Whatcom County Remembers 9/11

Then kindergartners, Bellingham students remember the confusion, sadness of 9/11

09.11.01 Assumption Catholic School kindergarteners Stephanie Ma (left), Natalie Maeda and Conor (CQ) McClurg pray during a rosary service in the company of the school's 340 students Tuesday afternoon. School principal Anne B

09.11.01 Assumption Catholic School kindergarteners Stephanie Ma (left), Natalie Maeda and Conor (CQ) McClurg pray during a rosary service in the company of the school's 340 students Tuesday afternoon. School principal Anne B

Bellingham Herald

BELLINGHAM - Conor McClurg, Stephanie Ma and Natalie Maeda don’t have many memories of the world before Sept. 11, 2001.

The Bellingham students were only 5 years old when terrorists struck the Pentagon and World Trade Center. Though their memories of that day are vague and jumbled, in the 10 years since then they’ve come to understand its impact.

I was a little confused about the whole thing,” Conor said. “I didn’t know there were terrorists and a whole thing behind it. As I got older I realized what it was and was able to understand it more. A terrible thing happened, and there was not very much we could do about it at the time.”

The students were kindergarteners at Assumption Catholic School at the time and were photographed by The Bellingham Herald at a prayer service Sept. 11, 2001. Now 15 and sophomores at Squalicum High School, they got together to share their memories of that day with The Herald.

Conor remembers waking up that morning just like he did every day. One of his neighbors came running over to the house to tell his mom what had happened, and his mom told him that someone had crashed into two big towers in New York City. Once at school, he and the other students were part of an afternoon prayer service for the injured, the dead and their families.

I remember everyone was really sad and my feet were really sore from kneeling in the pew and praying for half an hour,” Conor said.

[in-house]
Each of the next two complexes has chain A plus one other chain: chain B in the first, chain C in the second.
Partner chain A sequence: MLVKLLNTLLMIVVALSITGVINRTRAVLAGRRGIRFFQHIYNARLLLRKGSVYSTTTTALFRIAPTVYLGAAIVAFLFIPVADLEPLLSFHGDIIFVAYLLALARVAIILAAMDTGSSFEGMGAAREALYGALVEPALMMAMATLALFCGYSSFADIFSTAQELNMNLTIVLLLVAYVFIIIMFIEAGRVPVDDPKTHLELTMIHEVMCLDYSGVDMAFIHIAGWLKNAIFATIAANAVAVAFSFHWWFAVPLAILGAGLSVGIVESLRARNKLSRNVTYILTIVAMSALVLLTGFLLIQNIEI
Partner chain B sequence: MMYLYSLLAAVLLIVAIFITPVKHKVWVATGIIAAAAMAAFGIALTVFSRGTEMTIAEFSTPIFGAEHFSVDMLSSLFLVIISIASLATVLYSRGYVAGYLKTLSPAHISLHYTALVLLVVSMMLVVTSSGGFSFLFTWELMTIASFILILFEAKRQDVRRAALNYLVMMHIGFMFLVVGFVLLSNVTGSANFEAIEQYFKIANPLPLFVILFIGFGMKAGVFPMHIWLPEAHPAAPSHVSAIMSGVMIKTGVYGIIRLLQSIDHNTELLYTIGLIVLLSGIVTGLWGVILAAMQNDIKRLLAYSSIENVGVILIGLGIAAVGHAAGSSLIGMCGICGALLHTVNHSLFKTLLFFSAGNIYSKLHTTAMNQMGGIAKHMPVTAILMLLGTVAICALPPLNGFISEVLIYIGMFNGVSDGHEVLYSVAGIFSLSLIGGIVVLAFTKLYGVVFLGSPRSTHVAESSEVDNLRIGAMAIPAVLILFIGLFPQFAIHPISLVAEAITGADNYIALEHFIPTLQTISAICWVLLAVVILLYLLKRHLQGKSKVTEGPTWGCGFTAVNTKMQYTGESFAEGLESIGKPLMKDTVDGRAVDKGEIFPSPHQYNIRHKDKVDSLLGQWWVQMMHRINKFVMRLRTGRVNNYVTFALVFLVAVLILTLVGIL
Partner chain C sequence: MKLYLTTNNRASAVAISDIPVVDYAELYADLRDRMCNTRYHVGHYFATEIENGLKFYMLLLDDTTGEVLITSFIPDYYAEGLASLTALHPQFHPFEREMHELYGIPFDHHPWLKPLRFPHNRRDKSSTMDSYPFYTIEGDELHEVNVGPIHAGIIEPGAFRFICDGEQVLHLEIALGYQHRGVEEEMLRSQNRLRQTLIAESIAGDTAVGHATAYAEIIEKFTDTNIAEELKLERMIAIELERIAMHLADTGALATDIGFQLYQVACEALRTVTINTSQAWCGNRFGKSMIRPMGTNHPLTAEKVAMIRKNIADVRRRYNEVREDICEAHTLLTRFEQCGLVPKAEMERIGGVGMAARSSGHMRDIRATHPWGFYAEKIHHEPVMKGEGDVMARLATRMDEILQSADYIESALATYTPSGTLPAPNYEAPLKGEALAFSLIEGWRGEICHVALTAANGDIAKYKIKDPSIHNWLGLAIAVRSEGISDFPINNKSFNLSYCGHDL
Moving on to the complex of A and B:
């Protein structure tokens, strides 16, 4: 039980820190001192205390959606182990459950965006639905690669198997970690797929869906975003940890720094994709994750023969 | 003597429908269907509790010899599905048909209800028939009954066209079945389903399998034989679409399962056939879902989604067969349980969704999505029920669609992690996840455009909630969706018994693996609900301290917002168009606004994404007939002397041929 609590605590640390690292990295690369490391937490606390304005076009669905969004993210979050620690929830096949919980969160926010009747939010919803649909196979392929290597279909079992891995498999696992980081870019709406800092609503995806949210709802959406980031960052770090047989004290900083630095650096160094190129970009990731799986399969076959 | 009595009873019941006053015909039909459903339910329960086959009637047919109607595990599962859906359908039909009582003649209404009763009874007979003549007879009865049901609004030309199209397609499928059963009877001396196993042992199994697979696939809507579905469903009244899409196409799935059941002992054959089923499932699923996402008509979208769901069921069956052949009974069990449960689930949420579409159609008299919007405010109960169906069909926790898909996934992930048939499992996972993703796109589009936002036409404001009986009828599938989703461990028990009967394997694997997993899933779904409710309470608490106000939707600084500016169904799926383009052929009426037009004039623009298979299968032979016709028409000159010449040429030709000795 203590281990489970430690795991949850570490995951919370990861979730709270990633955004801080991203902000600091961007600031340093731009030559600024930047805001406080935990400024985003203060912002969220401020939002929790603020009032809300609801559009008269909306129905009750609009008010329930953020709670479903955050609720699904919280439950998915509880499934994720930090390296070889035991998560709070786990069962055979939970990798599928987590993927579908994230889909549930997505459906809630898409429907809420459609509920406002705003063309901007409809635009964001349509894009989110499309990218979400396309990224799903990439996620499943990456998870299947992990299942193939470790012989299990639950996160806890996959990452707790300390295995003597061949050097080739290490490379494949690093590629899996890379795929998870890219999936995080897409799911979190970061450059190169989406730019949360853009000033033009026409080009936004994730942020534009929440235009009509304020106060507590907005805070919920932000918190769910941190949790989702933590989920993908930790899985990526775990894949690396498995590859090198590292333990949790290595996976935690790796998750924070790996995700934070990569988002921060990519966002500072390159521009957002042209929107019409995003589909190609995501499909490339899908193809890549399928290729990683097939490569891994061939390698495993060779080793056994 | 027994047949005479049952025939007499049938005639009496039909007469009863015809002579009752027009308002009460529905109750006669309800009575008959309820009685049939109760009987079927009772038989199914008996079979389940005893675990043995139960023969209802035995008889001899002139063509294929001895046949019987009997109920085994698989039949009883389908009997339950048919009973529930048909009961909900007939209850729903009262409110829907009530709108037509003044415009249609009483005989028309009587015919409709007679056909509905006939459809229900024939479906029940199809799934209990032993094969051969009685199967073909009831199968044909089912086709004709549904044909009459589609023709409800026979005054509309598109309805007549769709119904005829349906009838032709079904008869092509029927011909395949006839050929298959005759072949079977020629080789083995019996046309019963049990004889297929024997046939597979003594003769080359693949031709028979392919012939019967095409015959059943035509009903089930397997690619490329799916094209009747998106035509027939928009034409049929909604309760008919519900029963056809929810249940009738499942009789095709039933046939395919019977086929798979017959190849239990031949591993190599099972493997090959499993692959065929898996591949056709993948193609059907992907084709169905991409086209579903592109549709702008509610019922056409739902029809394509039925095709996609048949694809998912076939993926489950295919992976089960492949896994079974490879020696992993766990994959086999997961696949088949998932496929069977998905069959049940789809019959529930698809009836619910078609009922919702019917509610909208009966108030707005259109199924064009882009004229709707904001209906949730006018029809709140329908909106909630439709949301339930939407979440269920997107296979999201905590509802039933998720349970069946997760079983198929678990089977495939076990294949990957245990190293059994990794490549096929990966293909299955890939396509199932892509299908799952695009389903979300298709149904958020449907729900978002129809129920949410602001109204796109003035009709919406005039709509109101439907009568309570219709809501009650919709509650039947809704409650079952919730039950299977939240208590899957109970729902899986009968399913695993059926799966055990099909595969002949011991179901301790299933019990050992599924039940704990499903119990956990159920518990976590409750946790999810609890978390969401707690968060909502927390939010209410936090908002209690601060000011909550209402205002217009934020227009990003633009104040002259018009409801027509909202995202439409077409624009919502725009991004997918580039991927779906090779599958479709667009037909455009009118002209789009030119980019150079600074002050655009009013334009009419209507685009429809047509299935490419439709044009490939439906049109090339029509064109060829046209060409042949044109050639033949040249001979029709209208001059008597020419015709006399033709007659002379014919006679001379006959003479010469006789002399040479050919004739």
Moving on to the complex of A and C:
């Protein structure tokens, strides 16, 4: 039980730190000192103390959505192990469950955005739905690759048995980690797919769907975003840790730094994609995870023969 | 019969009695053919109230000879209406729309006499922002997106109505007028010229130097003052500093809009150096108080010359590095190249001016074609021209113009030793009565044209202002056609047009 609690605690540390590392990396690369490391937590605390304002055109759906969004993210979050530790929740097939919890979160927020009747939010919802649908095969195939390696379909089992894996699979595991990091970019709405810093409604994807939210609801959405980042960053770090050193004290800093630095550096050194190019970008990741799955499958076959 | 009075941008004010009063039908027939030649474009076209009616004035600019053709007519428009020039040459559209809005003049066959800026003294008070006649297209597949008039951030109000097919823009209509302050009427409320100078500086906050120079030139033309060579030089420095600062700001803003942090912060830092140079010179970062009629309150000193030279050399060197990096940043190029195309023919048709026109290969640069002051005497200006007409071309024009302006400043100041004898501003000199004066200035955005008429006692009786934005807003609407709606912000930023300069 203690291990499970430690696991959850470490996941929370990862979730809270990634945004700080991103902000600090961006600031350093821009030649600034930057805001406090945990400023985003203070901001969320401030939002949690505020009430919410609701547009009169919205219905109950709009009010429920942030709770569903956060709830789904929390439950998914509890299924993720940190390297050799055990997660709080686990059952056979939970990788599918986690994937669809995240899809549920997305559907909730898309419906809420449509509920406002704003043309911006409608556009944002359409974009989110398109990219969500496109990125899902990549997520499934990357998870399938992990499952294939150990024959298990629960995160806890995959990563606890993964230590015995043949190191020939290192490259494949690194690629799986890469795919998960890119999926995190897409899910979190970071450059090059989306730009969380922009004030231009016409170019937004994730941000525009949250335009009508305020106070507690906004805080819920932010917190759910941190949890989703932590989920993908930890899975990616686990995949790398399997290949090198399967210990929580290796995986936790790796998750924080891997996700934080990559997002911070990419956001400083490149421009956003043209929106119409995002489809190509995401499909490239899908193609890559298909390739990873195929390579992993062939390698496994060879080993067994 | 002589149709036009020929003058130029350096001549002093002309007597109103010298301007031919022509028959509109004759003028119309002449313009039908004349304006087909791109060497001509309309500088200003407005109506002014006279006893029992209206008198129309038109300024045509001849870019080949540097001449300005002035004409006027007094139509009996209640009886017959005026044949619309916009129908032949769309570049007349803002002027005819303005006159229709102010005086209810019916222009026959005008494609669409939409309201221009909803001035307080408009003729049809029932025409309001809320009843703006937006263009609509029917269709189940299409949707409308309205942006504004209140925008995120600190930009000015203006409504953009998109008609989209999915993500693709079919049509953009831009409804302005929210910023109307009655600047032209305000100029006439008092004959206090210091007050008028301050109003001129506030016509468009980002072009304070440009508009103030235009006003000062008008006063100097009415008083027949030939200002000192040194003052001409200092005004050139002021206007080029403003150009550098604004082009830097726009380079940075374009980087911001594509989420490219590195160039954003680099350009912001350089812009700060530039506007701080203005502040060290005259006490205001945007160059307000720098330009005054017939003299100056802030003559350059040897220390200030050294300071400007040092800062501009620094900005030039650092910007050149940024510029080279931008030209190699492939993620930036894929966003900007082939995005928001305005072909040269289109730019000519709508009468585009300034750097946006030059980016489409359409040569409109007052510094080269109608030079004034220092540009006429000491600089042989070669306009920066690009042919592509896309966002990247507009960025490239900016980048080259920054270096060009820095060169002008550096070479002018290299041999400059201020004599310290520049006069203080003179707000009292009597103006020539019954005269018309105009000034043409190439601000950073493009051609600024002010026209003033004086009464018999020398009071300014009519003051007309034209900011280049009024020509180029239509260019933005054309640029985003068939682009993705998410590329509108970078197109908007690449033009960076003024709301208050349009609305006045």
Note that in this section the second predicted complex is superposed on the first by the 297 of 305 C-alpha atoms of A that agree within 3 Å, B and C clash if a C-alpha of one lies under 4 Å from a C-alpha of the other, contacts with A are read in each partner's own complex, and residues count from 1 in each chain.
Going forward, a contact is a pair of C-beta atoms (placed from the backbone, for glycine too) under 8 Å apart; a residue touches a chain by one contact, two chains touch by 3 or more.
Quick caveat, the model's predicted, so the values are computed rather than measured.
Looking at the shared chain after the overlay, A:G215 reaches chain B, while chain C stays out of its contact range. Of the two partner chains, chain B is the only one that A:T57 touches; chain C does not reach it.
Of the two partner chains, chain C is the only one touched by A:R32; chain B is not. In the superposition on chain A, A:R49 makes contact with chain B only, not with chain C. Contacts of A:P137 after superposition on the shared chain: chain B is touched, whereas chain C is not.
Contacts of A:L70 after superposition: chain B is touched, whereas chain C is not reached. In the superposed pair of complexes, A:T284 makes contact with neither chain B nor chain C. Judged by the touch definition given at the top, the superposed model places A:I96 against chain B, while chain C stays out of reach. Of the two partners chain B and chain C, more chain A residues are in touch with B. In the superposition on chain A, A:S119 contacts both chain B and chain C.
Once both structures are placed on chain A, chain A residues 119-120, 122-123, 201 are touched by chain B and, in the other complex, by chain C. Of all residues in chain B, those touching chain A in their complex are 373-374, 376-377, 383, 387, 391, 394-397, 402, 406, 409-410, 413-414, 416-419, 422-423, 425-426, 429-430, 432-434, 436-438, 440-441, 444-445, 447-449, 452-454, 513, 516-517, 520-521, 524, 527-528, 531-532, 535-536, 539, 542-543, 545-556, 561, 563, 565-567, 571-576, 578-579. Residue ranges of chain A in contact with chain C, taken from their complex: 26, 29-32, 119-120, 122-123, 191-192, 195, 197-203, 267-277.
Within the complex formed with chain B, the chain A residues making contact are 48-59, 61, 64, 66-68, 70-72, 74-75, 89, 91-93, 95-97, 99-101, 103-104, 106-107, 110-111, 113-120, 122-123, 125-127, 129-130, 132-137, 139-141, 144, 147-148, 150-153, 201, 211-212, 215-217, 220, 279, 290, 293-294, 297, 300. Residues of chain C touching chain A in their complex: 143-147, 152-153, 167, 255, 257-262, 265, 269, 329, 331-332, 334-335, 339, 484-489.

Though Stephanie couldn’t remember details from the day, she described the attacks as a tragedy for the country. She hopes the country is healing and moving on as we honor the 10th anniversary of Sept. 11.

It’s sad,” she said. “(People) always remember that day that the planes came and destroyed the two towers.”

Like Conor, Natalie distinctly remembers the confusion she felt that day, seeing so many people who were so sad and not fully understanding why. She remembers the unusual darkness of the prayer service, and wondering why it was being held on a Tuesday.

I did realize something was going on, but I don’t think I realized it that much,” she said.

Since then, she’s come to see the attacks as a country-changing event. She knows they’ve changed the nation’s security, and she saddened than in some cases that day has created prejudice against people who had nothing to do with the attacks. It’s been scary to realize that such a small group of people can cause so much pain, but it’s also been a powerful reminder of the importance of enjoying each day.

Be careful and savor the moment because you never know if your life is going to end or someone you love’s life is going to end,” Natalie said.


REMEMBERING 9/11

Readers of the The Bellingham Herald share their memories of the Sept. 11, 2001, terror attacks, and we remember the historic events and explore their impact in photos, video and stories at whatcom.remembers911.com.

More 9/11-related stories on local people will publish in The Bellingham Herald and in that online section over the next few days. On Sunday, look for more memories from dozens of readers along with an article on the massive increase in security at the Whatcom County border with Canada in wake of the attacks.

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